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Not confident but not too shy; Not White but definitely not quite Oriental; Not religious but also not an athetist; Not sure whether 'athetist' is spelt correctly, but not that bothered about it; Not a naysayer, but not averse to saying no.

Tuesday, September 06, 2005

UEP Exam: Contrasts and Continuity in English Education Policy

“What contrasts and continuities do you observe between the education policies of New Labour governments in the UK and those of the preceding Conservative administrations?”

In 1997, New Labour, with ‘Education, education, education’ as its top priorities, won an unexpected landslide victory, which brought an end to 18 years of Tory government. Since then, Labour has been in power for 8 years and from recent opinion polls, looks set for another four years. In this essay, the New Labour ideology of the post-Thatcherite ‘Third Way’ will firstly be explained, and compared with the New Right under the Thatcher and Major administrations, as well as with the Old Left ideals. Then, continuities, as highlighted by Chitty (2004) between New Labour education policies and those under the preceding Tory government will be detailed. It will be considered whether the Third Way in education is largely mere rhetoric and little different from Thatcherism in substance. As such, if it is unclear whom New Labour actually represents, and what New Labour really believes in, then as Driver and Martell (1998) question, ‘why should voters choose it rather than the Tories except on the grounds of leadership and good management?[1]

On coming to power, New Labour promised neither the ‘ruthless free-for-all’ approach of the neo-liberals, nor the ‘stifling statism’ of Old Labour, but a pragmatic ‘third way’, whereby policies are put forward on a ‘what works’ basis rather than being driven by any one ideological approach. The ‘third way’ is the middle way between alternatives: capitalism and socialism, market and state, old left and new right (Gamble and Kelly, 1998). According to Giddens, key characteristics of the Old Left philosophy include collectivism, strong egalitarianism, pervasive state involvement in social and economic life, comprehensive welfare, confined role for markets, etc, while that of the New Right include market fundamentalism, traditional nationalism and acceptance of inequality. The ‘third way’ is not to be solely part of either one philosophy, and one would expect that a ‘third way’ package of reforms would encompass previously competing strategies from opposite ends of the political spectrum. If indeed New Labour has taken up the ‘third way’, then it would well be expected that it would continue with and further those Tory policies that it considers to be pragmatic and desirable, while initiating Old Left reforms that work.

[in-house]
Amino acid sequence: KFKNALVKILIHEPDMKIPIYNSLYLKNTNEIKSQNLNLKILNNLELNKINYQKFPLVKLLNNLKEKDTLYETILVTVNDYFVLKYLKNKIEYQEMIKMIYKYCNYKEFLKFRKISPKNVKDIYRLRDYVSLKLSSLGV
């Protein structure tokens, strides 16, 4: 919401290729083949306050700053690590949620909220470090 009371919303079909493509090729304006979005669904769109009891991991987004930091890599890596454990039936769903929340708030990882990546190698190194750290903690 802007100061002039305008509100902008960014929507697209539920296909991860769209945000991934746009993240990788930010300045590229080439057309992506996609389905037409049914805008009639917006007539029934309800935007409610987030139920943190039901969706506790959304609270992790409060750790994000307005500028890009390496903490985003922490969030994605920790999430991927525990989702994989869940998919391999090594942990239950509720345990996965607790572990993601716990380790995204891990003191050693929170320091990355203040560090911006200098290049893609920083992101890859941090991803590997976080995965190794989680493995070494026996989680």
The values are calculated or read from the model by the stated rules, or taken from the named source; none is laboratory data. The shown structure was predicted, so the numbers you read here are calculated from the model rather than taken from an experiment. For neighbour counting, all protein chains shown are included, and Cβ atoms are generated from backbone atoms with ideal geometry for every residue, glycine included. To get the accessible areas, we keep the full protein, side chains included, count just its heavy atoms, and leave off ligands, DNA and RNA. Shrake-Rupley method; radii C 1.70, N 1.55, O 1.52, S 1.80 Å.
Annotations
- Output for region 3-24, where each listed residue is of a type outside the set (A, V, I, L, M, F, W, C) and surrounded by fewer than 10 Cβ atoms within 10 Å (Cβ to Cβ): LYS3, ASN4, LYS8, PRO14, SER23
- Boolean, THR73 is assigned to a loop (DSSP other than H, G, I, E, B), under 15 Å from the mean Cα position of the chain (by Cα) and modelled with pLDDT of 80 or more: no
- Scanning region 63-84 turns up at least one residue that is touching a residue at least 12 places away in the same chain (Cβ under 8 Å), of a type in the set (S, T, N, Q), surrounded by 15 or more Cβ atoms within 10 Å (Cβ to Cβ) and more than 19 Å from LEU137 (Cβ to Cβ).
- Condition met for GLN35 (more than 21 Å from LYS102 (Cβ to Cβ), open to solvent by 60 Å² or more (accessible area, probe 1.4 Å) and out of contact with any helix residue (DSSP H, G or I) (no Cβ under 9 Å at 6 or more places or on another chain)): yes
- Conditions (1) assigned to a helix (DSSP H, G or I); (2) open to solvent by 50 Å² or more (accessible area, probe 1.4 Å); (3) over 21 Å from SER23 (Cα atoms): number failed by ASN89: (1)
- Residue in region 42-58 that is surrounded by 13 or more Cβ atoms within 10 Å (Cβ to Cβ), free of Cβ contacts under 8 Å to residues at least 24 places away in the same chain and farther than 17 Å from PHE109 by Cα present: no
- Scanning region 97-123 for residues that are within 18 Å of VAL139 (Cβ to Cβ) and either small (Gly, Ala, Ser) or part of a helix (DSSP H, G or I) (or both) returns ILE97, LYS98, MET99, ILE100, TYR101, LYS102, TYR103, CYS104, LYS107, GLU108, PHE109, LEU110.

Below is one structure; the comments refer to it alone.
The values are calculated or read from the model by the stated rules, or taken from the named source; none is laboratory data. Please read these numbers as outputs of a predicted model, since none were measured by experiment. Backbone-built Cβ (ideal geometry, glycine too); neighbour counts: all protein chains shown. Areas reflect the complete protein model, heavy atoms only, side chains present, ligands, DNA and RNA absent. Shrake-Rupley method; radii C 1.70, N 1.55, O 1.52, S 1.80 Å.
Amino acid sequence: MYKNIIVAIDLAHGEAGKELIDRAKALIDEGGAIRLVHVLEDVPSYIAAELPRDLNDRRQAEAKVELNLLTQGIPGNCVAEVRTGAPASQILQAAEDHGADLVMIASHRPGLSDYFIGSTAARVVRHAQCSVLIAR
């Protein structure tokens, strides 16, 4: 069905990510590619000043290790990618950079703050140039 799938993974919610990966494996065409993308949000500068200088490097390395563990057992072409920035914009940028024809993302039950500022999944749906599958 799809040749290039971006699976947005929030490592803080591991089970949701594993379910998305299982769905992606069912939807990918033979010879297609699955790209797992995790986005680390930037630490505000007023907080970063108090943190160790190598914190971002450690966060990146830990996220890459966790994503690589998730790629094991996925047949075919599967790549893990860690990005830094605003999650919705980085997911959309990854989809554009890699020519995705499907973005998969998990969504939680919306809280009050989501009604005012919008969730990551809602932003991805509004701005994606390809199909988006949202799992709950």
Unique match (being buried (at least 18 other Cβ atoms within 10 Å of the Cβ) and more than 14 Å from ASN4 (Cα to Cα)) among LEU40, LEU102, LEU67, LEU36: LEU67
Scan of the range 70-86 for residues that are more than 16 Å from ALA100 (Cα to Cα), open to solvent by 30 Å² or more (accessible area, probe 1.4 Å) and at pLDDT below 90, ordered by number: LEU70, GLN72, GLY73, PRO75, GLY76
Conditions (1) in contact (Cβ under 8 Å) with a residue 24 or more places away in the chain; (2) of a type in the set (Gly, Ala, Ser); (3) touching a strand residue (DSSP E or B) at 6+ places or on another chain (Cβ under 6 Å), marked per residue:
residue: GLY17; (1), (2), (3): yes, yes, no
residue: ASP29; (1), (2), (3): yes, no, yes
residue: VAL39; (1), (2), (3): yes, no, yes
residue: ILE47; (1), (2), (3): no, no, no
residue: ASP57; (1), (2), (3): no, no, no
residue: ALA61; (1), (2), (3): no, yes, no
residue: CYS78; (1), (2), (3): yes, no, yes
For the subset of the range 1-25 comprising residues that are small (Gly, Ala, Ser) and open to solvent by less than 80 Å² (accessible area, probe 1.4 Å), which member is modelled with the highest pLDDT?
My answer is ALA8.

Indeed, in many ways, New Labour has chosen to continue with Conservative policy, with much talk of choice and diversity, ladders and escalators (Chitty, 2004) and commitment to many Tory education policies, including those pushing forth for marketisation, and greater accountability.

A strand common to both Tory and New Labour educational policy is that of marketisation. Through the 1988 Education Reform Act, the Tories sought to erect or reinforce a hierarchical system subject both to market forces and control from the Centre. Choice and diversity was to be enhanced by the creation of new types of schools: city technology colleges and grant-maintained schools. The 1988 legislation introduced Local Management of Schools, whereby schools were empowered to manage their own finances and their day-to-day administration. Schools were also to be funded on a formula basis: largely according to the pupil number and then particular pupil characteristics / needs. All these reforms meant that a quasi market and quasi vouchers were being introduced into the state education sector. New Labour did not reverse the marketisation process. The quasi-market set up by the Tories has survived 8 years of Labour government. Schools are still funded today according to a formula based primarily on pupil numbers. Budgets are delegated directly to the schools. Schools have autonomy in their management of staff. Indeed, it may be argued to have carried marketisation further, for example via increasing the types of schools, and pupil numbers who go to such new schools (Chitty, 2004). When the second Secretary of State for education resigned in 2002, she left behind an incredibly diverse landscape of schools: independent schools, city academies, specialist schools in art, music, sports, enterprise and technology, beacon schools, etc.